But robotic mission may yet save the telescope
One of the Hubble Space Telescope's four scientific instruments has shut down and seems unlikely to be resurrected.
Astronomers are not optimistic about repairing the Space Telescope Imaging Spectrograph, one of the telescope's workhorses. “There's some hope, but it is small,” says Bruce Margon, a science director at the Space Telescope Science Institute in Baltimore, Maryland.
The spectrograph, which records specific frequencies of visible and ultraviolet light, failed on 3 August owing to a faulty power unit. Project officials are currently mulling over the few options open to them. The instrument has a back-up power supply, but that has not been used since it was repaired in March 2002 and engineers are not sure whether it will work properly.
The instrument has already lasted two years longer that it was designed to do. Astronomers had come to rely on it: at present, it features in some 30% of planned Hubble science observations.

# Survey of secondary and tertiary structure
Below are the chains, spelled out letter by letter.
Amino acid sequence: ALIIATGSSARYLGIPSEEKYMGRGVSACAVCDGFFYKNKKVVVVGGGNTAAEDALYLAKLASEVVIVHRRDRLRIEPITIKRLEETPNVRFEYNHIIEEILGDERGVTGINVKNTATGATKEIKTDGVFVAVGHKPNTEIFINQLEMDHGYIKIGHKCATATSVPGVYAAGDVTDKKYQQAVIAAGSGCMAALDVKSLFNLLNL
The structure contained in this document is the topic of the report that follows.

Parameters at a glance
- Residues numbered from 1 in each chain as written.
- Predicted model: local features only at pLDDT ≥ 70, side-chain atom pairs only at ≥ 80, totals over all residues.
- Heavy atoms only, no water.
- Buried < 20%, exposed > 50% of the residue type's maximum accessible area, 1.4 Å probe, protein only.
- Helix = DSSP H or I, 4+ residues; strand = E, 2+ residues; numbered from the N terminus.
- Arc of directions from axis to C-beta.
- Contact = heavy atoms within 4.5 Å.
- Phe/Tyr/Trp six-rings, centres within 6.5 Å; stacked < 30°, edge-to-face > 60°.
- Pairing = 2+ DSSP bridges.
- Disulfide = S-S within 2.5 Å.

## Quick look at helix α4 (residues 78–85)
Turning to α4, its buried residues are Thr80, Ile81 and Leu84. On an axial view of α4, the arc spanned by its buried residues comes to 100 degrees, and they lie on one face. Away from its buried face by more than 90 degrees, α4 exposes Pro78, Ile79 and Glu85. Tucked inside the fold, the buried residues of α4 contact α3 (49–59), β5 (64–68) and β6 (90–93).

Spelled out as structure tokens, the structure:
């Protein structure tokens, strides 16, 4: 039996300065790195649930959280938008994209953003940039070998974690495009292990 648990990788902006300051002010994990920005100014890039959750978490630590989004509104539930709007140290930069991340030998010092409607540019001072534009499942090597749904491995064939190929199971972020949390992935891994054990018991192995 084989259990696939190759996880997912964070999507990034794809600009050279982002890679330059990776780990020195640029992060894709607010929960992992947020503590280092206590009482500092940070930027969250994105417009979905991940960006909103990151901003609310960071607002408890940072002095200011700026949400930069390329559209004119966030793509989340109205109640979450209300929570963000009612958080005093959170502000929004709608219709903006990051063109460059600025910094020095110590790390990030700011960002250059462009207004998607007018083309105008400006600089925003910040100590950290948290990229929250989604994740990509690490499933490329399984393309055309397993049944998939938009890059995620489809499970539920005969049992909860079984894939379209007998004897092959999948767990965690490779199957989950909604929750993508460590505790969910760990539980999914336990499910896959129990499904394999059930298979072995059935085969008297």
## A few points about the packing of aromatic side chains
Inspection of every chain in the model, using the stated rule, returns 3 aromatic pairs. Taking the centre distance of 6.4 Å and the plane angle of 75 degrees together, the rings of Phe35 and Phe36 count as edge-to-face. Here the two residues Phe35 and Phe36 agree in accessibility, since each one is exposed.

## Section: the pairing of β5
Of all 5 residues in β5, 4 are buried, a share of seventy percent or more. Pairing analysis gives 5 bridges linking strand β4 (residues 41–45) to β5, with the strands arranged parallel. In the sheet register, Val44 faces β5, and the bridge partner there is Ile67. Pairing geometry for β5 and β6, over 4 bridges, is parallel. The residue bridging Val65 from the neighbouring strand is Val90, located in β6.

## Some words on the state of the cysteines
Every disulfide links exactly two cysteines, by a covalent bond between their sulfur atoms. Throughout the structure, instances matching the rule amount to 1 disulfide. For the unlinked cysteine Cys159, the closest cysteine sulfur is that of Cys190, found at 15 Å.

If the device cannot be revived, the onboard Advanced Camera for Surveys could provide limited spectra images. Hubble's data could also be supplemented with spectra taken from the ground.
The Cosmic Origins Spectrograph, due to be installed on Hubble during a repair mission in 2006, could perform a few of the imaging spectrograph's functions. But NASA is currently reviewing plans for the 2006 repairs and deciding whether astronauts or robots should do the job, or whether it should be cancelled altogether. The agency said this week that it would start developing plans for a robotic mission, but would not make its final decision until next year.
NASA has also awarded a study contract to a team at the Johns Hopkins University in Baltimore to see if the Cosmic Origins Spectrograph and another camera planned for Hubble could fly on a separate satellite instead.